Think in terms of historic milestone. The birth of the singer-songwriter movement. A monumental shift in the music publishing industry. A young artist/musician on the cusp of fame, already displaying flashes of genius. To all the naysayers who still can’t see what the big deal is about Bob Dylan, I say, “Just open your hearts and listen.”


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happy birthday, bob!

 photo source.

The one-and-only self-proclaimed Archbishop of Anarchy is 69 years old today!

And there simply is no stopping him. After a two-month break, Dylan will launch yet another overseas tour, opening on May 29th in Athens, Greece. 

  “Backyard” and “Dad’s Restaurant” from the 2010 Drawn Blank Series.

On May 22nd, his 2010 Drawn Blank Series was officially unveiled in the Castle Galleries, U.K. This is the third collection of limited edition graphics available for purchase following unprecedented worldwide acclaim and demand. The series is limited to 295 pieces signed by the artist (more info here), and are impressions of people, places, and things he encountered while on the road. How much do I love that he sketched the exterior of a restaurant?!

Meanwhile, stumbled upon a couple of fascinating old photos.

Here’s Dylan with one of his sons and George Harrison. You idolize someone and judge him by his public persona, oftentimes forgetting he’s a family man doing “ordinary” things.

 from dag’s photostream.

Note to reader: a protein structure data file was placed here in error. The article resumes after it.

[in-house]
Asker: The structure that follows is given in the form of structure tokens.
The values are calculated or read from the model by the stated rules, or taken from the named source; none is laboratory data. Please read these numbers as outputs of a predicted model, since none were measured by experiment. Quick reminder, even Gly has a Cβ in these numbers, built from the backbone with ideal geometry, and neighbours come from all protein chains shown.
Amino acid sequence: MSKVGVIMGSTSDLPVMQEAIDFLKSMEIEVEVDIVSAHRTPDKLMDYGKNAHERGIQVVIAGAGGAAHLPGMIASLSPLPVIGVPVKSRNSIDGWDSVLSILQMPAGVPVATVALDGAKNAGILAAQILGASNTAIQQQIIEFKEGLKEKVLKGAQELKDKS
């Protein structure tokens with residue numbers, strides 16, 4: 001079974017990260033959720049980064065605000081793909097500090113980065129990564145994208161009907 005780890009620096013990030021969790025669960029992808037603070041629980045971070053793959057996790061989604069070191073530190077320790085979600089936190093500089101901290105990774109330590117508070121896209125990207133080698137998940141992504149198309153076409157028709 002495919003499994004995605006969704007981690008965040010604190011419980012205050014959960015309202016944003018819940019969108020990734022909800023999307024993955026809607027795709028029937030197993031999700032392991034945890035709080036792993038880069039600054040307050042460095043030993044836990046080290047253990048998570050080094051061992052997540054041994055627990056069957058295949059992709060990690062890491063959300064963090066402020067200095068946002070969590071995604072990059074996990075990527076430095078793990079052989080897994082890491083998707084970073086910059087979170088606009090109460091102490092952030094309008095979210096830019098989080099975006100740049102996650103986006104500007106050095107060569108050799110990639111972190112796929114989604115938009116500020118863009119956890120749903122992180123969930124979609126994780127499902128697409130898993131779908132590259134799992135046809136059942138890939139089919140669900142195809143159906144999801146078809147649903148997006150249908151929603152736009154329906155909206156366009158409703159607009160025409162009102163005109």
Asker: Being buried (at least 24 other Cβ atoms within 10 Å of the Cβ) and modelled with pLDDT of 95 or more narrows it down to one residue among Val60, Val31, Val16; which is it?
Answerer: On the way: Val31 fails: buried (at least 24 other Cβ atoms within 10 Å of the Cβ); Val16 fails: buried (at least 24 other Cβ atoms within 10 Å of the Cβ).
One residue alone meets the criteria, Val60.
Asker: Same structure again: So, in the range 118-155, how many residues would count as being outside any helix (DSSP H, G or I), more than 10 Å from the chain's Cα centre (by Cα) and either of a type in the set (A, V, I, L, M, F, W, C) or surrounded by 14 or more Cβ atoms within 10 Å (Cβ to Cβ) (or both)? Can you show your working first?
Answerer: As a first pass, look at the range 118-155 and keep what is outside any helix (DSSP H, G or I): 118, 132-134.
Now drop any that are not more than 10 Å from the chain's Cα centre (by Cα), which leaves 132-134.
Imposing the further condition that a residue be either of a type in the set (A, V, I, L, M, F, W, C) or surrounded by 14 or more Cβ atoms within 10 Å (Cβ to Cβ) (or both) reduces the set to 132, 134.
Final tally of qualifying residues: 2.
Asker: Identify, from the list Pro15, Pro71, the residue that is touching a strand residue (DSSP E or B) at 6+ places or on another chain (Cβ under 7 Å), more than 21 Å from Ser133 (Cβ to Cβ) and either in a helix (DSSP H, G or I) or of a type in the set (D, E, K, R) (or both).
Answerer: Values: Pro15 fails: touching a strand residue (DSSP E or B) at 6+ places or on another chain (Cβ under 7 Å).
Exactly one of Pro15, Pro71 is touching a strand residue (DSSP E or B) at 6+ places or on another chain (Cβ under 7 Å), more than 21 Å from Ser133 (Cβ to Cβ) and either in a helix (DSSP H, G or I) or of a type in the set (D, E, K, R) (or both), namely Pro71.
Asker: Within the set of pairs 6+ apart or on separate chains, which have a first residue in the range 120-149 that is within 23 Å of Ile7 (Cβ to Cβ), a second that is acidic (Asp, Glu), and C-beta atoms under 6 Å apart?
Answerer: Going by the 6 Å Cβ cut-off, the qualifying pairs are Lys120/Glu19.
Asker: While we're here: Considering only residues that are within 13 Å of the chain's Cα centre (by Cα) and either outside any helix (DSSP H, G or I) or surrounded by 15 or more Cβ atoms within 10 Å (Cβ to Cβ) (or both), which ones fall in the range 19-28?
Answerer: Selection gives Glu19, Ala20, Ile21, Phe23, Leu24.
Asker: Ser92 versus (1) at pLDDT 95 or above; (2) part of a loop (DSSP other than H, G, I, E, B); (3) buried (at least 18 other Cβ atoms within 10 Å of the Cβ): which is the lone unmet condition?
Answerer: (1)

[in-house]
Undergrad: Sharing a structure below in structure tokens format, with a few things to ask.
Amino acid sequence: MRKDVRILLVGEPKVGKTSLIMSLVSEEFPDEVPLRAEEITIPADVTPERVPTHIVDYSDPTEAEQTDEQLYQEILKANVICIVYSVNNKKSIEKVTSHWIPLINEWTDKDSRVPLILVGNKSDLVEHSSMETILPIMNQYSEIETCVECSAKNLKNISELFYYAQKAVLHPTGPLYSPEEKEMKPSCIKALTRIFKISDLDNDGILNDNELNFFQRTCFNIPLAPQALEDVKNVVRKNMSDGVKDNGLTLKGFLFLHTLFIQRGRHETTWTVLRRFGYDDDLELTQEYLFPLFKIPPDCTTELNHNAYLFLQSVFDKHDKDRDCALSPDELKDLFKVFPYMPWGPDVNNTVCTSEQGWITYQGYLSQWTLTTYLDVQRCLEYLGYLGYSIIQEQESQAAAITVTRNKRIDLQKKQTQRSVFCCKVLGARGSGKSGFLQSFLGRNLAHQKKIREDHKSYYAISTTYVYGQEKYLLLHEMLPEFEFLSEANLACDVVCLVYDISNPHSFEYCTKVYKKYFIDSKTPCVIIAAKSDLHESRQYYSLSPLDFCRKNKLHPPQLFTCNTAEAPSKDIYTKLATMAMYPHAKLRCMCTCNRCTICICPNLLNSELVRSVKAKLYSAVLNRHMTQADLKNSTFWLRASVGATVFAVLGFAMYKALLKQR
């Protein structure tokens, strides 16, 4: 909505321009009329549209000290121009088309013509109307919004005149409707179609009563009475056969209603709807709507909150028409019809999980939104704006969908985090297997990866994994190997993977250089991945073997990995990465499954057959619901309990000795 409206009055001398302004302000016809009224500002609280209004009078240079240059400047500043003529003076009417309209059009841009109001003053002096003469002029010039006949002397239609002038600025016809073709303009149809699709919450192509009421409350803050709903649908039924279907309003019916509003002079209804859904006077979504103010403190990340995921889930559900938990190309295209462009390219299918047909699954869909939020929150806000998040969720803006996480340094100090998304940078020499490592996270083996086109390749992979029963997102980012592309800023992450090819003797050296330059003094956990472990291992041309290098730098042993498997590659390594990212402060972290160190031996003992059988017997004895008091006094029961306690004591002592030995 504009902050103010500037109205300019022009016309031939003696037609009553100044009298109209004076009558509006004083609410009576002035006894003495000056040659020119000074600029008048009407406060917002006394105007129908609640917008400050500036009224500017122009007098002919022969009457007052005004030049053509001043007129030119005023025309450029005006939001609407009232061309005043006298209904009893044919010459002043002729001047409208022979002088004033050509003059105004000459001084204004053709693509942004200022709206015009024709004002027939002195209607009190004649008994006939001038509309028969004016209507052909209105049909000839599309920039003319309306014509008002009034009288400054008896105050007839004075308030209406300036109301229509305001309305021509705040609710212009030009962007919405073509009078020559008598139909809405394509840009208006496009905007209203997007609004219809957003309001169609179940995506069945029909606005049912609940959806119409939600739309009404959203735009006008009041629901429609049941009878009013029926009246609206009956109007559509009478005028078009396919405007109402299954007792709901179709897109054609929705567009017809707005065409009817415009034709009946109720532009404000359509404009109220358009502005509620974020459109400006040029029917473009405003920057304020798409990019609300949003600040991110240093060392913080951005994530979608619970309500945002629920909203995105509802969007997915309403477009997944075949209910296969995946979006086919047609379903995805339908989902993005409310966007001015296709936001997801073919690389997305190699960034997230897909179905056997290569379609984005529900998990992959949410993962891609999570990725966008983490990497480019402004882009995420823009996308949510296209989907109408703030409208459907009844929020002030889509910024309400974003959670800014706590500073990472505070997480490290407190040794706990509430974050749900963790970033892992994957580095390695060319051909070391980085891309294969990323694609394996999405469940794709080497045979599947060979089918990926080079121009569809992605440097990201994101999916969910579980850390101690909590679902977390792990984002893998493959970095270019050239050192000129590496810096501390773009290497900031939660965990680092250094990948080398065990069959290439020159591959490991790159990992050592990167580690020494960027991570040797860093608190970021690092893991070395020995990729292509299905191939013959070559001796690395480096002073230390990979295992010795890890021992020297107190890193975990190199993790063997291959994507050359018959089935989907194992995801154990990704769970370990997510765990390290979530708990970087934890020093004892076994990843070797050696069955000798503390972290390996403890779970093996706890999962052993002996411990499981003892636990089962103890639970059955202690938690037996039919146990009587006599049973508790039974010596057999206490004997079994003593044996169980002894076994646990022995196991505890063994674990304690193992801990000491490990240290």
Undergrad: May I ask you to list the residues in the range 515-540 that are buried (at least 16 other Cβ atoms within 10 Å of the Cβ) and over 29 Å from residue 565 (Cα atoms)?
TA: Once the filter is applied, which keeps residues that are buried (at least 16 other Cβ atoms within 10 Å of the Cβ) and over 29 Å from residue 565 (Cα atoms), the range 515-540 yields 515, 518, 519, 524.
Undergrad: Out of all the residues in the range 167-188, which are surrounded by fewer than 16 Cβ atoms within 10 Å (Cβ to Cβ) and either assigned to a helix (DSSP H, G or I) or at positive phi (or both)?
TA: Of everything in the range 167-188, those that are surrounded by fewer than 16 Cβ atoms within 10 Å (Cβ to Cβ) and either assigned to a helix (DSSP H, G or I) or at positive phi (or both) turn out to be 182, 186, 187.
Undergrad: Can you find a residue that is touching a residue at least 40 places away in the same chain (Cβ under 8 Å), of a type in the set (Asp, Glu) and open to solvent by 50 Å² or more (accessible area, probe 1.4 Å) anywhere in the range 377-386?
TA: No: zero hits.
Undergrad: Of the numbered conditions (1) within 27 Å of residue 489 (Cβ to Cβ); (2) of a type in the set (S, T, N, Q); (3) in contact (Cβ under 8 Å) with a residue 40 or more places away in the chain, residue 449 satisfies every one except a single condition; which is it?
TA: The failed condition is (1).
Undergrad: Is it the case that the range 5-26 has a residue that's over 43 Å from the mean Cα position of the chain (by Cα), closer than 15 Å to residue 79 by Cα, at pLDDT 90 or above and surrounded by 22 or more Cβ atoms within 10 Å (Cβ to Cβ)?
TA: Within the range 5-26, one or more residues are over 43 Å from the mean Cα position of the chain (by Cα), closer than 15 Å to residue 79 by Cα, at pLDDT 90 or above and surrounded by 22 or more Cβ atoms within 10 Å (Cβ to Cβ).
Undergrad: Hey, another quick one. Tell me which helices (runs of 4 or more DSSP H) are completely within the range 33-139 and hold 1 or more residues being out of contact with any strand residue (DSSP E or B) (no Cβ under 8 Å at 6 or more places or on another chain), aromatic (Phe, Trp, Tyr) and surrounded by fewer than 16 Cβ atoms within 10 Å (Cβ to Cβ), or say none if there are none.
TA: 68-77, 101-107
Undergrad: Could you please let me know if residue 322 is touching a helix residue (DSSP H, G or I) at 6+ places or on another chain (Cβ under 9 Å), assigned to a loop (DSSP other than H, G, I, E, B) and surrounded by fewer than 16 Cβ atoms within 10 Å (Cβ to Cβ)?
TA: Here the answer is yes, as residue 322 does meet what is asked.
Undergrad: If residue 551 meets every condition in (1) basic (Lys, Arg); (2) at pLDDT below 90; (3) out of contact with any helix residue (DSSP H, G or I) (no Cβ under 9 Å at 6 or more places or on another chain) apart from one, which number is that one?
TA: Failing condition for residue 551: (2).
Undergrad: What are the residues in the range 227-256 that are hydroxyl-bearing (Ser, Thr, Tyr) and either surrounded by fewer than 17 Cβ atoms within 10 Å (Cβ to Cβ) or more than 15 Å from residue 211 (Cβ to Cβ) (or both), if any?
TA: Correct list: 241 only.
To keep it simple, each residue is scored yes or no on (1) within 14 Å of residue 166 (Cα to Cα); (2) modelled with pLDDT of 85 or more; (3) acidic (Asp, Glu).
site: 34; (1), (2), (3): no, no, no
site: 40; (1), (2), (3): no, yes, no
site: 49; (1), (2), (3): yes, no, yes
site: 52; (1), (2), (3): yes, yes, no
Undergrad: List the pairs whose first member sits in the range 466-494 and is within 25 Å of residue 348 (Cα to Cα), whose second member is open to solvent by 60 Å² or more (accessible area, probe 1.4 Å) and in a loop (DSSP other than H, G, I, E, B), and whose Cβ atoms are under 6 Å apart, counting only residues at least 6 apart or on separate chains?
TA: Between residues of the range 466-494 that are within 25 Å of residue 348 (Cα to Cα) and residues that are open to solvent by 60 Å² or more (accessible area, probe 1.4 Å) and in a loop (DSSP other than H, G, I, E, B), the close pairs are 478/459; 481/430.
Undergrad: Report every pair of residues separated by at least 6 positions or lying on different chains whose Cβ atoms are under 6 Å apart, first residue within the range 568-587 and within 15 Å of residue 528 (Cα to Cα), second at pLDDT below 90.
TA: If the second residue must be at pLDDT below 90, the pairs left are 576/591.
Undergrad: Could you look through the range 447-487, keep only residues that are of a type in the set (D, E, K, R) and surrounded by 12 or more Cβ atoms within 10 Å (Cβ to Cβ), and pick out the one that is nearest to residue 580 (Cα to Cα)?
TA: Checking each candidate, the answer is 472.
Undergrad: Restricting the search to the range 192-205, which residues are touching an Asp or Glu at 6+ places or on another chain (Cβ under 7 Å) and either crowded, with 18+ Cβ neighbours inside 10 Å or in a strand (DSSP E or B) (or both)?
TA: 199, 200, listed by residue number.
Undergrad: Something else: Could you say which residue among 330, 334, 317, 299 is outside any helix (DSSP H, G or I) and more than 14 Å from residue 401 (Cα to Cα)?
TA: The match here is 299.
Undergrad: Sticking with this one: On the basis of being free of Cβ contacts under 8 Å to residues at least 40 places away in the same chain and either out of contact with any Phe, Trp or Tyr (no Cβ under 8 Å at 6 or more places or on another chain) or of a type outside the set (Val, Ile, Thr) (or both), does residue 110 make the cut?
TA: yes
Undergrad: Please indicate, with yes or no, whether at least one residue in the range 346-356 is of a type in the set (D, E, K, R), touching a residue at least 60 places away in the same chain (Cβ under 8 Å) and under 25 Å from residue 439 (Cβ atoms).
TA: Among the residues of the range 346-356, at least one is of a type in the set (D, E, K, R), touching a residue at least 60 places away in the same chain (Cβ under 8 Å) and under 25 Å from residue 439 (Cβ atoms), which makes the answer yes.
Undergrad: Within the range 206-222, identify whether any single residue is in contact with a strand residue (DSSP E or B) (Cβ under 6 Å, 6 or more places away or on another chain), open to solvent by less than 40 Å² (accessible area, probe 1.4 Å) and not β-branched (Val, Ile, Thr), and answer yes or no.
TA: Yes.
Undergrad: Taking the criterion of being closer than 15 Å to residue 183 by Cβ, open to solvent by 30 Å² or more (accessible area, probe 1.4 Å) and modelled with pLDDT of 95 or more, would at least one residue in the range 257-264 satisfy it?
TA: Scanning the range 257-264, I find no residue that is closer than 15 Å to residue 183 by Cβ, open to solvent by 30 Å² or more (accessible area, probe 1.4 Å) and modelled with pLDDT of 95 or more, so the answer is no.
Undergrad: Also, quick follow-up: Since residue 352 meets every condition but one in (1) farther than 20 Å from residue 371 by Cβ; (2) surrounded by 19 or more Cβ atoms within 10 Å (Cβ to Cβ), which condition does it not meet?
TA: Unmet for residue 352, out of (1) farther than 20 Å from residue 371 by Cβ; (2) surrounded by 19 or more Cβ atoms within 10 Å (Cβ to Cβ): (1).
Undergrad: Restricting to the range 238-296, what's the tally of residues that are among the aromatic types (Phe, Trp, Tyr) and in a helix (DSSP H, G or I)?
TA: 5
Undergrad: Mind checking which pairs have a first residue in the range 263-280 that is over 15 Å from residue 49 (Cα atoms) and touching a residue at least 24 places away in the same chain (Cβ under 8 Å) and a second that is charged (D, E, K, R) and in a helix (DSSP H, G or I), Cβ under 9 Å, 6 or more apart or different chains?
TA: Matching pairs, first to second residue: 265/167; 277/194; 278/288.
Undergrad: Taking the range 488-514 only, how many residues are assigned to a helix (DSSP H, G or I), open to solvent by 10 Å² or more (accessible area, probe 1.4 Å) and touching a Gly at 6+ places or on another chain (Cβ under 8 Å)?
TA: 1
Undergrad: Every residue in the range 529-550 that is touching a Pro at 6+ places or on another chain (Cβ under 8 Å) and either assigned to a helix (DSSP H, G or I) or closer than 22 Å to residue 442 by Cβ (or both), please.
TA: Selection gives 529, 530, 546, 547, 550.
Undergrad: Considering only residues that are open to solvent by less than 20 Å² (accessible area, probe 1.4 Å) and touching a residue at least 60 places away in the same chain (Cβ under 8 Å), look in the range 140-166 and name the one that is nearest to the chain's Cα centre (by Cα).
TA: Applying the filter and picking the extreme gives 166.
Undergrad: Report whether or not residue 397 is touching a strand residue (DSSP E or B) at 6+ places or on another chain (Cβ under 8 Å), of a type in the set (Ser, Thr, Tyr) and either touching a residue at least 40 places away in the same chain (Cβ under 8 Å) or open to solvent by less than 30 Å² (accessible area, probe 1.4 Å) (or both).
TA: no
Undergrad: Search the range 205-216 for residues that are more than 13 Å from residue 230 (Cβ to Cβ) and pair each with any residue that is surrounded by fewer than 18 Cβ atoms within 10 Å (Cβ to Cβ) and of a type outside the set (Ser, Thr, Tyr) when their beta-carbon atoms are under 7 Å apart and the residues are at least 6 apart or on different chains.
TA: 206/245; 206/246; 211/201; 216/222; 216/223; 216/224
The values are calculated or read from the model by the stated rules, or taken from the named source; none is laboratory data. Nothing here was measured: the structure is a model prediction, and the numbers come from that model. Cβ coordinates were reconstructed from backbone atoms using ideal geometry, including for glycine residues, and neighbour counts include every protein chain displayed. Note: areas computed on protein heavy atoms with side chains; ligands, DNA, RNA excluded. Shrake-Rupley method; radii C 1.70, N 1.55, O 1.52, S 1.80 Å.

And okay, let’s just stand around and shoot the breeze with Neil Young and Eric Clapton. *swoon*

 from dag’s photostream.

I’ve noted that Sony Entertainment and others have removed hundreds of Dylan videos from YouTube.com — amateur videos of concerts, fan-made compilations, bootleg copies of official videos, etc. They’re cracking the whip on copyright infringement and now there are only a handful of videos available for public viewing and sharing (prefaced by annoying Vevo ads). I like this one from 2000, “Things Have Changed”. Dylan shows off his dramatic flair (love the way he holds a sandwich, and the bits in the coffee shop), and there are some fun cameos by Katie Holmes, Michael Douglas, and Robert Downey, Jr., among others. Enjoy!

Now, go forth and crank up your fave Dylan song. Just for today, your response to all questions: “The answer, my friend, is blowin’ in the wind.” Alternately, if you’re feeling especially frisky, approach a stranger with, “How does it feel?”

Connect, engage, cherish the humanity!

View all posts tagged Bob Dylan here.

Copyright © 2010 Jama Rattigan of jama rattigan’s alphabet soup. All rights reserved.

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dylan at the white house

Last week, PBS aired, "In Performance at the White House: A Celebration of Music from the Civil Rights Movement." This special program was hosted by President and Mrs. Obama in honor of Black History Month, and featured readings from famous civil rights speeches and writings in addition to songs performed by such luminaries as Smokey Robinson, Yolanda Adams, Jennifer Hudson, Joan Baez, and Bob Dylan.

Bob was in fine voice that evening with "The Times They are a Changin’." It’s a softer, more subdued acoustic version, quite poignant in these difficult times. I thought about where we were as a nation when the song first came out in the 60’s. These days, we have an African American President in the White House listening to it with his family. I wonder what he was thinking, and whether Dylan was at all nervous. If you missed the original broadcast, you can view it in its entirely at the PBS website. Well worth your time!